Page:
In a show of cross-company collaboration that is literally unheard of across most gaming regions, Capcom and Namco Bandai have teamed up to bring us two fighting games featuring characters from almost anachronistic universes. The first of these, Street Fighter x Tekken, takes the best of what made Street Fighter IV amazing and tosses in some of the best mechanics from the Tekken franchise. We made a point to spend at least a little time bruising our fingers with this game at E3 to bring you some hands on impressions.
Helmed by Yoshinori Ono (the designer behind the aforementioned SF IV), Street Fighter x Tekken is very much a Capcom fighter with some Namco flavor. The breakdown goes like this: the 6-button layout, EX moves, 2-in-1 and super combos (and their meters), and quarter-circle motions are all pure Street Fighter. This is then cut with Tekken‘s tag-battle system (from Tag Tournament), chain combos, and juggles. What results is a Capcom game that politely invites fighters from the Iron Fist over for a brawl, but keeps to its roots. Don’t expect Tekken characters to make the full “World Warrior” transition here – Kazuya Mishima is not, I repeat NOT getting any fireballs.
While the Capcom staff assured us that most known move sets from both franchises will make their appearances, there have been some obvious handicaps made in order to get these two rosters in the same ring. While we are still able to pull off our favorite hadoukens and sonic booms like the muscle memory they are, the focus of Street Fighter x Tekken is more EX moves than special moves. Tekken didn’t completely get the long end of the stick here either, those legendarily long combination attacks that could completely devastate entire health bars have been clipped significantly. In its stead are new EX moves for all the Tekken cast, that play more like hardcore versions of existing move sets. For example: Hwoarang’s machine-gun tae kwan do kicks get a high flying “heel-to-the-head” upgrade when the appropriate meters are filled.
Now that we’ve crammed as much shop talk into your head, let’s talk gameplay. Does the clash of combat styles and design philosophies break beautiful bones together? From what we played, not quite yet. From whatever franchise you approach Street Fighter x Tekken from, there is a decided bit of finagling you’ll have to do to get back into the combat flow you’re used to. Wewcomers to the genre will gloss over these growing pains, but for anyone that’s twitched a joystick, you’ll be fighting with the game as much as your opponent for Rounds 1-5. Even once you break in the controls, they still don’t feel quite right, and at this stage in development it’s difficult to discern exactly why that is. At times, it feels like Super Street Fighter IV: Tekken Edition, at others it simply comes off as a promotional concept that wasn’t baked into the game enough before everyone rushed into coding.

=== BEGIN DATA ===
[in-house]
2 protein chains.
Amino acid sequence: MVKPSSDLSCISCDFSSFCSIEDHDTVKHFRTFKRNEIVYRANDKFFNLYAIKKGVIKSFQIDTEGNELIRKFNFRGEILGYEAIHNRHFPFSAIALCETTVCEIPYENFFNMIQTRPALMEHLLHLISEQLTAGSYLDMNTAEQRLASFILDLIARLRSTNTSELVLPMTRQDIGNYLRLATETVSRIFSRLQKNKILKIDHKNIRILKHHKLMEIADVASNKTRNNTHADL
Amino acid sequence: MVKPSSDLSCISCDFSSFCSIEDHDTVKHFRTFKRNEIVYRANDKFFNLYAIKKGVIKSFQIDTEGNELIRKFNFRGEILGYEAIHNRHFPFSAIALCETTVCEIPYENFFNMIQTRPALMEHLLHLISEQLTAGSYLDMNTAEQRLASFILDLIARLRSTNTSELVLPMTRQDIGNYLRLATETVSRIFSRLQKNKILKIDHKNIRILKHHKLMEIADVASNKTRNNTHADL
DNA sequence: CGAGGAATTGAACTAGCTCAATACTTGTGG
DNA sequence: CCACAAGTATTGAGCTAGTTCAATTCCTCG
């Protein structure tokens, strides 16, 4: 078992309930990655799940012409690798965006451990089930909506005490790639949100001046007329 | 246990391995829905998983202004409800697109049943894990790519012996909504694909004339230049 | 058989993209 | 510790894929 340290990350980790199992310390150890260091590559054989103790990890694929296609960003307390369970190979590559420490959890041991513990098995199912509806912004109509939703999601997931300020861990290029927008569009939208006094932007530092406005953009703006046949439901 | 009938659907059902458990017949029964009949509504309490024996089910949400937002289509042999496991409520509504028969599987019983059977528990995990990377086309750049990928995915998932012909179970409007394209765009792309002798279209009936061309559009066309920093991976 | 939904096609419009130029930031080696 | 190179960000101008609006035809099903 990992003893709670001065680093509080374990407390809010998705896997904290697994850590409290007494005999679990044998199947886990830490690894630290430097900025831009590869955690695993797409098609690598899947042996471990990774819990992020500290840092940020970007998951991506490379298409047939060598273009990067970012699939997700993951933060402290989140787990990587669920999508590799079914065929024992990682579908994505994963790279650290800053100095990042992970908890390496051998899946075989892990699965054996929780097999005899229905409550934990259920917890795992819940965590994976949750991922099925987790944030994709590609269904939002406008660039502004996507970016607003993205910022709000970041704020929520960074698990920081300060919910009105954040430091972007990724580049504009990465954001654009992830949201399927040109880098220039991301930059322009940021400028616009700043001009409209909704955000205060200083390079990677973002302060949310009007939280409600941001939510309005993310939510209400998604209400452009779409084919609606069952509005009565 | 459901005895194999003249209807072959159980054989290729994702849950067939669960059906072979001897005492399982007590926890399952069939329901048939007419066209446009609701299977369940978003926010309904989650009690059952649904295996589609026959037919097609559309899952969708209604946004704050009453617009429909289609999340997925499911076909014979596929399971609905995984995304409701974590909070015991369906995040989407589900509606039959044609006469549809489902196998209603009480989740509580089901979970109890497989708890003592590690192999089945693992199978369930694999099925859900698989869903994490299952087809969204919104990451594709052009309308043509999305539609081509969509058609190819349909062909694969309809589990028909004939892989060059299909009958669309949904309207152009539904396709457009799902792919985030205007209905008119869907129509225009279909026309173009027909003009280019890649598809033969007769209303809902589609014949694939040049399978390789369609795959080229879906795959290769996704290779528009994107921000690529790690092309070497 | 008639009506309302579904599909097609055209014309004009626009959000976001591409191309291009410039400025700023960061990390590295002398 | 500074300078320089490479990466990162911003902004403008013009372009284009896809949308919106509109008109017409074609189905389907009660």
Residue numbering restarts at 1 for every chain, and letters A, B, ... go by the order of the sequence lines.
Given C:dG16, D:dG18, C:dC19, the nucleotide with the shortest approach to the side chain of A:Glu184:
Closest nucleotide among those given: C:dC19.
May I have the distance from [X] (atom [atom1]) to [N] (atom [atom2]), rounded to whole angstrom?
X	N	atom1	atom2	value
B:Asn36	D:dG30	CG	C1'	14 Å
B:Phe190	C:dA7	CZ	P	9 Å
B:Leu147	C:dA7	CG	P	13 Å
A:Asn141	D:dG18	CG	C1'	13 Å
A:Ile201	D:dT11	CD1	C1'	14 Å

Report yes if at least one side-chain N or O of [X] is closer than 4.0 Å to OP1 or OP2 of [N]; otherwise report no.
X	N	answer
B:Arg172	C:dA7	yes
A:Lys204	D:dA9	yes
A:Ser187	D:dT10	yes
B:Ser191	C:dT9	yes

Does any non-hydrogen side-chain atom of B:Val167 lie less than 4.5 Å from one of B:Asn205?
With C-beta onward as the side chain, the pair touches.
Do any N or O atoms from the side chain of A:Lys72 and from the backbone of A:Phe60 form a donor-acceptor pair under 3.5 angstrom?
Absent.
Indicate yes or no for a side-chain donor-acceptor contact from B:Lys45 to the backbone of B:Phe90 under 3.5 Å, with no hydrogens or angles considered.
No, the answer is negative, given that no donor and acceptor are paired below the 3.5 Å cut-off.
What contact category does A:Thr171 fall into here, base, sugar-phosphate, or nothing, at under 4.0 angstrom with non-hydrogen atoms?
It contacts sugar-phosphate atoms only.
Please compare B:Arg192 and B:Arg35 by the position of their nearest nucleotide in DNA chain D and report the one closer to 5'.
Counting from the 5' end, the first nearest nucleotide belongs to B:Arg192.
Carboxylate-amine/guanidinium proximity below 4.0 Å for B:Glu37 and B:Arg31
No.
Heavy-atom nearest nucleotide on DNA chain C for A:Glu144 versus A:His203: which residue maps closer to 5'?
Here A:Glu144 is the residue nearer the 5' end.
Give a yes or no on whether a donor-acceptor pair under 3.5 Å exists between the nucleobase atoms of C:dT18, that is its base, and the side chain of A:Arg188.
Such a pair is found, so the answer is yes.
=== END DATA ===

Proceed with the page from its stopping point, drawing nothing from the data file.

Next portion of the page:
SF x Tekken definitely doesn’t make a good first impression, either. Characters have this ugly darkened outline that makes them stick out too far from the background. It has the sense of playing bad fan-art versions of SF IV character designs in a pop-up book. While background activity is tremendous in its disregard for the laws of sanity, all the colors appear faded and muted, especially coming off of Arcade Edition. What little of the final soundtrack we heard also lacked the expected energy, just hanging limply somewhere above the timer and trying to avoid drawing attention to itself. Camera effects are still wonderful, especially during the short EX cinematics, but that would need little effort to port over. The presentation here is just unappealing, and that’s a real shame considering both franchises’ flair for color and environments.
While everything sounds good on paper, we can’t help but feel disappointed with Street Fighter x Tekken. The mixed combat feels years from polish and the whole thing just looks downright ugly. The basics look to be here and play just as well as you would assume, but beyond that one leaves the demo kiosk with a feeling of pointlessness to the whole thing. Which is a shame, because a success here could lead to many other cross-developer collaborations. Pokemon x Cooking Mama, anyone?
Street Fighter x Tekken is expected in the first quarter of 2012 for the PS3, PS Vita, and 360.
Confirmed Characters (as of 6/28/11):
Street Fighter: Abel, Cammy, Chun-Li, Guile, Ken, Ryu, Sagat
Tekken: Bob, Craig Marduk, Hwoarang, Julia Chang, Kazuya Mishima, King, Nina Williams
Platform Exclusives: Cole McGrath (Playstation Vita)